Updated: Jun 7
Messier 2, is a globular cluster located pretty far from us, at 37,500 light-years away in the constellation of Aquarius. M2 is one of the oldest and largest known globular clusters. It has a diameter of 175 light-years and a magnitude of 6.3. The lower the magnitude in number, the brighter the object is, and magnitude 6 is still visible but anything higher is too faint.
At the time of photographing this object, the California Wildfires had been raging for weeks, and as a consequence, the skies in Nevada (where we live) were very smoky day and night. However, we decided to image regardless hoping for the best. We became discouraged seeing what our single shots looked like (scroll down!)
Camera: Canon 7D Mark II
Telescope: Orion 8" Astrograph f/3.9
Mount: Atlas EQ-G motorized Mount
Total Exposure Time: 1 hour
Exposure Time per frame: 3 minutes
20 lights - 15 Darks - 15 Bias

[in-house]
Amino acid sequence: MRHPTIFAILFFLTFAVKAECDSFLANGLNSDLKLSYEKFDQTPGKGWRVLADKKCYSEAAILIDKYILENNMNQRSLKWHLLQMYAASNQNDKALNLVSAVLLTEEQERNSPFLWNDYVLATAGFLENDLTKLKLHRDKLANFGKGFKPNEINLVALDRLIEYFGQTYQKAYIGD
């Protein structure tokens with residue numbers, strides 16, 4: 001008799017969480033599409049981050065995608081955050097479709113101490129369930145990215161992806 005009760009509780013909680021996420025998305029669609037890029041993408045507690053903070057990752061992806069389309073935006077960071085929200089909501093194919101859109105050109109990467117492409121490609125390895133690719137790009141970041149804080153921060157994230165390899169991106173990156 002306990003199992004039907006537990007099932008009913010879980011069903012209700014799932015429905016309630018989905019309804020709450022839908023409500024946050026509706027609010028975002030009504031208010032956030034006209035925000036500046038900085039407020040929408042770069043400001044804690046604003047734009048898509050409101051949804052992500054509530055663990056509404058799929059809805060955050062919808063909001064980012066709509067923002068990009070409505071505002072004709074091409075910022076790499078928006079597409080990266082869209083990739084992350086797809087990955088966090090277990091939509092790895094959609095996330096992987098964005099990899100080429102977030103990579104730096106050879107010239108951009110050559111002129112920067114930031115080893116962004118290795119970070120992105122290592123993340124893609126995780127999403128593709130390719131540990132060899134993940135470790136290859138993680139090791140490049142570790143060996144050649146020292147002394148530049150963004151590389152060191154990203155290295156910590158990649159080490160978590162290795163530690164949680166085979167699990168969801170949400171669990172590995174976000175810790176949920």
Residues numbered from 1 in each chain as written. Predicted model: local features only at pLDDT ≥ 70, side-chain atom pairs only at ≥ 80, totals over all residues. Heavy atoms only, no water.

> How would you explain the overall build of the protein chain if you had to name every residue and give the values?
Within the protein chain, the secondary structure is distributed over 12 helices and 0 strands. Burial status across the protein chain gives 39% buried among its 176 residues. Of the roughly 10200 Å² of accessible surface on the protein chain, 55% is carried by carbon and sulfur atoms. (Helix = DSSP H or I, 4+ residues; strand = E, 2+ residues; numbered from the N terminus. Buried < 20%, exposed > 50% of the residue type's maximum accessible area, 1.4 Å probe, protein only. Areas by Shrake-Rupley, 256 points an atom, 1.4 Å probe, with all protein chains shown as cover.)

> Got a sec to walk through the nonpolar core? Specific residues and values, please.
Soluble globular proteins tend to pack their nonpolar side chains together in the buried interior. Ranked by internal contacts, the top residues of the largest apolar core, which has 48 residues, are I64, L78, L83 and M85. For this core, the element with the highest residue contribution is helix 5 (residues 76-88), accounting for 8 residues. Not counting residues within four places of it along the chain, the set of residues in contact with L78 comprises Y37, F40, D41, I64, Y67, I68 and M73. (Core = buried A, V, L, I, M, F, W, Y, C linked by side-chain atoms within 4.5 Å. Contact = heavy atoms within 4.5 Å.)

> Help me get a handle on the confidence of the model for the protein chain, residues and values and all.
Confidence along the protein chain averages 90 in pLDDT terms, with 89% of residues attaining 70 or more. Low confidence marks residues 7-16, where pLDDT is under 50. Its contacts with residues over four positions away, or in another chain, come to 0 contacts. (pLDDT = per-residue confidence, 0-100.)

How to Locate Messier 2
Messier 2 can be seen towards the edge of Aquarius, where it meets Equuleus (the small horse) and Aquila (the eagle).
Single Shot & Processing of M2
Here is what a single shot of Messier 2 looked like on our camera. When zooming in, you can see a lot of noise and overall, what seemed to be a blurry, hazy layer. We had hopes that the smoke would not affect DSOs much, but seeing this, we decided to stop after just one hour of imaging.
Stacking our 20 images helped, of course, but it was obviously not enough, as you can see in the screenshot below, taken right after the basic stacking process. As you can see, it looks pretty terrible. Thankfully, we managed to use PixInsight's magic to get a final image that is not too terrible.
The night itself wasn't bad, we took photos of the Milky Way, and the planets so that our time wouldn't have been completely wasted. We packed hoping our work could be salvaged.
Here is a better view of the cluster.
Probably our worst one yet, we now realize that we should have continued the imaging instead of being discouraged by the smoke...
Messier 2 Log Entry Video
Messier 2 is a great-looking cluster that does not seem difficult to image. We sadly did not get the best out of it, but we might revisit it in the future to properly capture all its beauty!